Discussion in 'Classic Menswear' started by Mr. Moo, Feb 28, 2011.
because it is difficult to hold a pair in one hand...?
Is there an aftermarket/non OEM sole alternative to Alden's waterlock? My understanding is that Alden won't resole with a different sole than what was on from the factory. I have a pair of Alden crepe soled suede chukkas and I'd love to have a waterlock sole installed after the crepe wears out.
I mean the leather, i.e. why bother fix it..., or this is suppose to be that way...
You mean a construction?
It is called Opanka named after Opanak (Serbian moccasin).
I guess the rolled-up outsole would be an arch support.
Nick V has said that it us a waste of money to apply protectors to badly worn soles. Apparently they do not last.
I have experimented with applying a 2mm smiling sheet over a soft sole, then a Vibram protector over that. I makes the sole firm again. Too soon to tell about longevity. I have not tried it on shoes with holes.
The results do not look like new, but good enough for tinkering on casual weekend shoes.
Wearing the shoes with the hole, I gather, will lead to rapid damage to the insoles.
nice shine!!! good work
btw the rolled-up is from the outer part of the shoe!! i think its just cosmetic cause the arch is at the inside part!
Yes, nice shine
you're right, thank you
Thanks so much for sharing the link and the great photos of your investment in time.
Reading the full text of what you encountered is also a pleasure:
It is no secret that I have a fondness for polishing shoes, despite the derision it elicits from some. Some find it to be an affectation to spend time polishing a pair of shoes, some find the mirror shine too obvious.
But the reason I like a well polished, well worn shoe has a little more method than the madness that is peacockery. To me, there is something both luxurious and frugal about a shoe that has been well worn, but lovingly cared for.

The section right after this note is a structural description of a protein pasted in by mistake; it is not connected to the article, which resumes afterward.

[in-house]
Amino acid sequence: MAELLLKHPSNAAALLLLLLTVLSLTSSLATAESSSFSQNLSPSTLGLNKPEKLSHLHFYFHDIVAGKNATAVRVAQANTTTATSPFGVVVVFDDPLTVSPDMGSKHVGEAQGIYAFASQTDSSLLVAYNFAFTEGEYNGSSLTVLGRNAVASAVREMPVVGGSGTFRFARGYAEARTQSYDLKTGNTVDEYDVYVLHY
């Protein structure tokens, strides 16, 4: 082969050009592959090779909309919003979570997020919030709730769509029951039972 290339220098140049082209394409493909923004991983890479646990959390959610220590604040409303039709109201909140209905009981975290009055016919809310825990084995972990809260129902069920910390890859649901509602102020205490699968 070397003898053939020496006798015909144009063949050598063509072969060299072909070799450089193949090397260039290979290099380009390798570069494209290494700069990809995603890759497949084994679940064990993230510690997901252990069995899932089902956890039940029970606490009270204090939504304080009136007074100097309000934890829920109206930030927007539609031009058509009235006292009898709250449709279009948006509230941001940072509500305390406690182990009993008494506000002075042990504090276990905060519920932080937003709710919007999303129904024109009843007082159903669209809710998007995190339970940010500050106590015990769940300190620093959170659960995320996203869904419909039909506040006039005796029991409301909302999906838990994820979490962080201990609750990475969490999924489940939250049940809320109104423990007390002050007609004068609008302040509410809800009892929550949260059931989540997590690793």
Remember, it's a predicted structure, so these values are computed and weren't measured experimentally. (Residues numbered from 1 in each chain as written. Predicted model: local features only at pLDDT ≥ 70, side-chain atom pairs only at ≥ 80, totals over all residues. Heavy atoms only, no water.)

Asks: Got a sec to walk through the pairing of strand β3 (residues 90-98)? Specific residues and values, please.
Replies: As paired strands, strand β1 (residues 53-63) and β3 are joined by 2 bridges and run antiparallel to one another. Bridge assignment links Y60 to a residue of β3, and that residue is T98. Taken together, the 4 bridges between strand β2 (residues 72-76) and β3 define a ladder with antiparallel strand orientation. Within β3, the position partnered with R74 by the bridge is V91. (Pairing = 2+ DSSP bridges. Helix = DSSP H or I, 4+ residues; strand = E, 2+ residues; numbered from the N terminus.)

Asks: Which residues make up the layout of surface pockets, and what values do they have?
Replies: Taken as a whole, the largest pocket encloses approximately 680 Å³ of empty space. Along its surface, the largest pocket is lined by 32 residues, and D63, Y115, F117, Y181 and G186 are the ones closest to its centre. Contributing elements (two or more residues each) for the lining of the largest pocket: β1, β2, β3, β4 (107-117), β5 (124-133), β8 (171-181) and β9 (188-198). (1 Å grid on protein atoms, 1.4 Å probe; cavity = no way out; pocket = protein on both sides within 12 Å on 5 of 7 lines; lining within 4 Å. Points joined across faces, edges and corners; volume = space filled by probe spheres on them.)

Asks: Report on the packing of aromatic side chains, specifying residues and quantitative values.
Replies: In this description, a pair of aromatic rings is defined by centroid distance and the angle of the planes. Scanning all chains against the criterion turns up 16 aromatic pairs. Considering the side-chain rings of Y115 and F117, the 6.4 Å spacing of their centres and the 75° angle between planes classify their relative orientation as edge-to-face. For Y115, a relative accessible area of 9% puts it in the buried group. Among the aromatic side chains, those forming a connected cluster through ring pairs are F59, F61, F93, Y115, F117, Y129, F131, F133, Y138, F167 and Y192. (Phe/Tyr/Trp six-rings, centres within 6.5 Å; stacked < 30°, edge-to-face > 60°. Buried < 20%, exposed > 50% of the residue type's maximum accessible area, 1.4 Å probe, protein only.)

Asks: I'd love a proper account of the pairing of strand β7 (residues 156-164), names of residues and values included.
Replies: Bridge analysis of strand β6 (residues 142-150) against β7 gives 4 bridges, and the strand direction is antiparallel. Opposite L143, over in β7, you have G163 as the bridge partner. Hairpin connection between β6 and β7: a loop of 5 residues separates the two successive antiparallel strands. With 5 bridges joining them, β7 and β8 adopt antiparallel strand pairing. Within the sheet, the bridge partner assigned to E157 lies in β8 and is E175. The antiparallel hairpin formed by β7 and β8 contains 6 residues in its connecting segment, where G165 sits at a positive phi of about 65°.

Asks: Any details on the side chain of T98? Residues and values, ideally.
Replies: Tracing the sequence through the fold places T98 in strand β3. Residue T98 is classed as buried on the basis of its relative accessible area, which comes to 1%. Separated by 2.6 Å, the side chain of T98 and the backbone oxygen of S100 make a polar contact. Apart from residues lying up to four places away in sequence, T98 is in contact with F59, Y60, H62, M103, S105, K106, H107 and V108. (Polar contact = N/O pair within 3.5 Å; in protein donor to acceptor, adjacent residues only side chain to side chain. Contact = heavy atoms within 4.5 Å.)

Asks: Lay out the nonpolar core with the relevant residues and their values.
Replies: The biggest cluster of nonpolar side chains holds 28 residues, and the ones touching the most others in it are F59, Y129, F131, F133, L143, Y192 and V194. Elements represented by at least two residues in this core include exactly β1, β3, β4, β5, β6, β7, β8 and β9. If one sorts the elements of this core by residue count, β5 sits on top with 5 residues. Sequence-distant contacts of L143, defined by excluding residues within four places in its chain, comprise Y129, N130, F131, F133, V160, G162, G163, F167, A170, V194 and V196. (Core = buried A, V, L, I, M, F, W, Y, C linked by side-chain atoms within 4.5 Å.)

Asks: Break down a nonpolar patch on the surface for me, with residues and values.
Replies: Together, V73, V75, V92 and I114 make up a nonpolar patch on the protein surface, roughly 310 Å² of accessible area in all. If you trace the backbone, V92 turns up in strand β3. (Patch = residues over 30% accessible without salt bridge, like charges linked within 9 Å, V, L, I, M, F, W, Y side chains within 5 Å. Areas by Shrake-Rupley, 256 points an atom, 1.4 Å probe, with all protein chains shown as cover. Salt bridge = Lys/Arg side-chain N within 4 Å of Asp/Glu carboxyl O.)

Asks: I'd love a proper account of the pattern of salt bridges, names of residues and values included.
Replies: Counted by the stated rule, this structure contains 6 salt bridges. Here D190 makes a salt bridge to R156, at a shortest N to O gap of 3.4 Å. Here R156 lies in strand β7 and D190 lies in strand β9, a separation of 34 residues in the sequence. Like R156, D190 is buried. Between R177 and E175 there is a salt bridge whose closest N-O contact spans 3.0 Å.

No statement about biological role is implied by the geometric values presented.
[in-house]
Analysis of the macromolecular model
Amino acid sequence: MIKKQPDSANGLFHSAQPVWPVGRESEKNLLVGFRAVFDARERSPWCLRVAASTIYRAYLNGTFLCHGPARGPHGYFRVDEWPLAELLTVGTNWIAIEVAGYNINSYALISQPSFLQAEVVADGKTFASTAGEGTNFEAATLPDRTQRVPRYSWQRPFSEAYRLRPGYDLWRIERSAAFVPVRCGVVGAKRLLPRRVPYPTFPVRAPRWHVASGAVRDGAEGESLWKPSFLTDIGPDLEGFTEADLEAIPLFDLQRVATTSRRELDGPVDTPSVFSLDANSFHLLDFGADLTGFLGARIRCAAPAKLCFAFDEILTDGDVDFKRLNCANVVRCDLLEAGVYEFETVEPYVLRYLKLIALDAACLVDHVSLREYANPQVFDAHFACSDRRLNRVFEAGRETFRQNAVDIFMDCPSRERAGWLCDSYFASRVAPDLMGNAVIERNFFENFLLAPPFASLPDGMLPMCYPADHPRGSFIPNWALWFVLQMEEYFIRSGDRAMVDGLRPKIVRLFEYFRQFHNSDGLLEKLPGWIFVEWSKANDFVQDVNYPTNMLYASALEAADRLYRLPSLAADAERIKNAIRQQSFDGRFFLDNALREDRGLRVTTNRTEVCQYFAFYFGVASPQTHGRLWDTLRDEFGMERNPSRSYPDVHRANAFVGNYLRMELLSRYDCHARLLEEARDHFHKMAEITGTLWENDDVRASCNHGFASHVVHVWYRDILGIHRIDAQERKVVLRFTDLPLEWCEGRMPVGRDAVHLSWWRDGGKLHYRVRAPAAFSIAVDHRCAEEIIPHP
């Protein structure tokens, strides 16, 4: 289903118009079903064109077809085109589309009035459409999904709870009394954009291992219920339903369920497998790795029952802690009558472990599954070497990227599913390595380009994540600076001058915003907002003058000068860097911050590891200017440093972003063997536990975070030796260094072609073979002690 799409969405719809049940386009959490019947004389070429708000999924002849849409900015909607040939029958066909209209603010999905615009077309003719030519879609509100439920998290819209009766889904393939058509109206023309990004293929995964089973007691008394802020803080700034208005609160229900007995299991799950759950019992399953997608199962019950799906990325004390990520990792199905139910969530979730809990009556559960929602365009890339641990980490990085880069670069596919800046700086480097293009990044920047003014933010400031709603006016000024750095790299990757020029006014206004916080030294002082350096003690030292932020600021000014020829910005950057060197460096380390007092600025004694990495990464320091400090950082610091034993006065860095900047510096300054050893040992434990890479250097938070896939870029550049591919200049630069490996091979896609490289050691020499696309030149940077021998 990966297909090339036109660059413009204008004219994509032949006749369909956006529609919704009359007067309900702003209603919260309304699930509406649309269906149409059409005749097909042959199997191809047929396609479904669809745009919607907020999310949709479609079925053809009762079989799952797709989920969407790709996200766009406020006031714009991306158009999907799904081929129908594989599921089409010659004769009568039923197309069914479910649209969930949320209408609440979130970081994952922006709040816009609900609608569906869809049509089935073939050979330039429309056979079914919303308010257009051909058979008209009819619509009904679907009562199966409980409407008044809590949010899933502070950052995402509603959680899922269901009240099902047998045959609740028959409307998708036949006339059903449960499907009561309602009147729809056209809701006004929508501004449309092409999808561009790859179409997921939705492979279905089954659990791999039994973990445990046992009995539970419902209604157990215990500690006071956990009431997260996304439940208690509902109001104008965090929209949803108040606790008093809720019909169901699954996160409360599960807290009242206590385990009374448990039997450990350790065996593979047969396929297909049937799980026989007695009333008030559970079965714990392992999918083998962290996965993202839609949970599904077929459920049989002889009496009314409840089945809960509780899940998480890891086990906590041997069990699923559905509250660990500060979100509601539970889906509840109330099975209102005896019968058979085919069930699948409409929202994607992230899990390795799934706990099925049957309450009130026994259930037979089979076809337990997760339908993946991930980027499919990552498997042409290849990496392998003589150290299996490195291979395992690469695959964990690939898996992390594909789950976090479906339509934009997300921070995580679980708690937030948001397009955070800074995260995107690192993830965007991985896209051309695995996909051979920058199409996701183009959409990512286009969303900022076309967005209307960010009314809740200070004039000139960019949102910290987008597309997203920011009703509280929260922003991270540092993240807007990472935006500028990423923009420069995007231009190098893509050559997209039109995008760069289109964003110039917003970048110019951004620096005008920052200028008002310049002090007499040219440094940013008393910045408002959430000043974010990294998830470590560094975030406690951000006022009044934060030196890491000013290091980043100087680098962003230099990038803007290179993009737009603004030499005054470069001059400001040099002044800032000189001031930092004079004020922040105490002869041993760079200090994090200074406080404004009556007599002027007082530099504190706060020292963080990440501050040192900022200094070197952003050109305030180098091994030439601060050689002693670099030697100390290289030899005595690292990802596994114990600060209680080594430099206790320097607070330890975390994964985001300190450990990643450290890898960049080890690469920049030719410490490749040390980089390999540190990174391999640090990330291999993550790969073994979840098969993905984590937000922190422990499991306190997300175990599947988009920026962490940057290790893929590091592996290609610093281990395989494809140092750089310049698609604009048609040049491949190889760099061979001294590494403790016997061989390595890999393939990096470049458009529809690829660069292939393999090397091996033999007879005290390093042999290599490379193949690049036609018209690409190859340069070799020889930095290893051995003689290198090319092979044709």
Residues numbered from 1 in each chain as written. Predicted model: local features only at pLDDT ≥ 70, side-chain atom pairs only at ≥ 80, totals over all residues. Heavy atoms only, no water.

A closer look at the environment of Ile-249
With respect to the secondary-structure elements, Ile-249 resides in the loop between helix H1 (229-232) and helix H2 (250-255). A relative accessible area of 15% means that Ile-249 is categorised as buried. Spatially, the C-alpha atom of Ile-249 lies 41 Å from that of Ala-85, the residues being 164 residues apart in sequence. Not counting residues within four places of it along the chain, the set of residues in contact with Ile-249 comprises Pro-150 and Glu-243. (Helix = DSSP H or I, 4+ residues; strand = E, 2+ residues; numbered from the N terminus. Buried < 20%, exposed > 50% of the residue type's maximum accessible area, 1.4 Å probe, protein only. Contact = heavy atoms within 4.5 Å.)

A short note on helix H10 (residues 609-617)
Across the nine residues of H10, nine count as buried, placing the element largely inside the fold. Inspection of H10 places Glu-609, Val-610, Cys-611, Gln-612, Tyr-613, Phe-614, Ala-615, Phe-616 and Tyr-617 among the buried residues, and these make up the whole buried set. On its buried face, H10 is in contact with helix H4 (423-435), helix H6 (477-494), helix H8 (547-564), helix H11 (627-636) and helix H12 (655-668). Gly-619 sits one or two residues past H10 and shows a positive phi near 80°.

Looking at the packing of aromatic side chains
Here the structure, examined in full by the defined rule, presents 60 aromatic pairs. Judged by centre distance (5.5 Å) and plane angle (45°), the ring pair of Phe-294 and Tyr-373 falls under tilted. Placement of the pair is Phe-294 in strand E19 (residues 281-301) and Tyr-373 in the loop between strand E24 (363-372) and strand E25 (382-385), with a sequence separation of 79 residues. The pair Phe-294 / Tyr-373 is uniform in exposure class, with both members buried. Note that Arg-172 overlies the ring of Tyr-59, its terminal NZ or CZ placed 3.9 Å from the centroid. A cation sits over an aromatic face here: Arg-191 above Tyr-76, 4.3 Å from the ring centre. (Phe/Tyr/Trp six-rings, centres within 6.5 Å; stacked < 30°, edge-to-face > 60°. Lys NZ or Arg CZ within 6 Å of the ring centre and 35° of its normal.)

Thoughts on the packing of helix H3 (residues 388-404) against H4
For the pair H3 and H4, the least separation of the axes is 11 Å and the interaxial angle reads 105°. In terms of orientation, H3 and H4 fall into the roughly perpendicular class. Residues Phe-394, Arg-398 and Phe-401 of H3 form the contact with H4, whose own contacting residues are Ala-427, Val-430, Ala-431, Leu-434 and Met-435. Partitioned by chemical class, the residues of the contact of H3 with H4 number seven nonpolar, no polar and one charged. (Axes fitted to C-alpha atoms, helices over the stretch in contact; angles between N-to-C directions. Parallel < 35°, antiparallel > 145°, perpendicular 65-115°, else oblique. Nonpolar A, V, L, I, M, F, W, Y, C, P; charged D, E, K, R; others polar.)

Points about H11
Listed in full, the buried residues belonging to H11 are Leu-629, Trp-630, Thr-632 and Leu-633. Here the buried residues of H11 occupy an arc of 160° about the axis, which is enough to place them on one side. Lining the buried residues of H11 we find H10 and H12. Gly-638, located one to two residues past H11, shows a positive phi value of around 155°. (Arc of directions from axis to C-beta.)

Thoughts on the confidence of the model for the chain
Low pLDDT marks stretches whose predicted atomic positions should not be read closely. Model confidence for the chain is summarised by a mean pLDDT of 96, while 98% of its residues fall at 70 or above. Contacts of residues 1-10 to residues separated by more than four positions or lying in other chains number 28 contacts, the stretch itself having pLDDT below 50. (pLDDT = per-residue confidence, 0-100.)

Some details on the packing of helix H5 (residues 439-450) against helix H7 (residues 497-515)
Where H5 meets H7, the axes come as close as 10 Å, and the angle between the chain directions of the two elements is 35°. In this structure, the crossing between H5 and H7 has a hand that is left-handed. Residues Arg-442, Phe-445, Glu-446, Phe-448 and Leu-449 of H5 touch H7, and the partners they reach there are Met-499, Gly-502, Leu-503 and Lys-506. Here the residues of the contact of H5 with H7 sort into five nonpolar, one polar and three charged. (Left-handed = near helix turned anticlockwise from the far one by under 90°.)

Luxurious in that it takes time, the greatest of all luxuries, and while it doesn’t require the most expensive shoe money can buy, the higher quality the shoe, the better the shine. It is a polished looked to accompany beautifully tailored clothing.
But it is also frugal because, it is at heart a way of extending the life of a pair of shoes. Not for the grossly wealthy or newly made, it is empowering to the average man, because it takes a certain integrity of character to be able to have your shoes improving with age. It takes effort, and isn’t easily bought. Anyone with sufficient funds can go and buy beautiful shoes, but having them look better with each wear, with each year, is something that requires more consideration.
So I polish my shoes, and find them getting better with each wear. As part of a wardrobe of tailored clothing in traditional weights of cloth, it is something I expect to grow with me, getting it’s own special patina with time.
glad you liked it
Alright guys, need some opinions. I have a very well worn pair of JL shoes that I have had for about 4 years. They appear to need a full sole replacement. I was thinking to either use B Nelson, or perhaps Perry Ercolino. I know Perry will be at least twice what B Nelson is, but is it worth it? Perry does bespoke resoling, so I figure his skill may be more advanced than B Nelson, but not sure if it's needed in my case.
I would like the same style of sole on them (a thin rubber sole, for comfort).
I guess these shoes prove that I don't simply wear shoes once or twice and then sell them...
Why not a lobb resole/recraft? Cost?
I think a Lobb recraft runs close to $500, and probably 1-2 months turnaround. I am keeping that as a last resort option.
i would go with b.Nelson!! in kirby's blog says it was 168 with the shipping and used J&R soles!
in photos his job looks really good!! i think Patrick can say more as he have an in persone experience with him!
in my country sole leather has about 20euro/kg(this is about for 2-3pairs) so i dont think it worth pay 300$+ for resoling the only benefit resoling at JL is that they ll use the original lasts!! nothing more at my opinion
Separate names with a comma.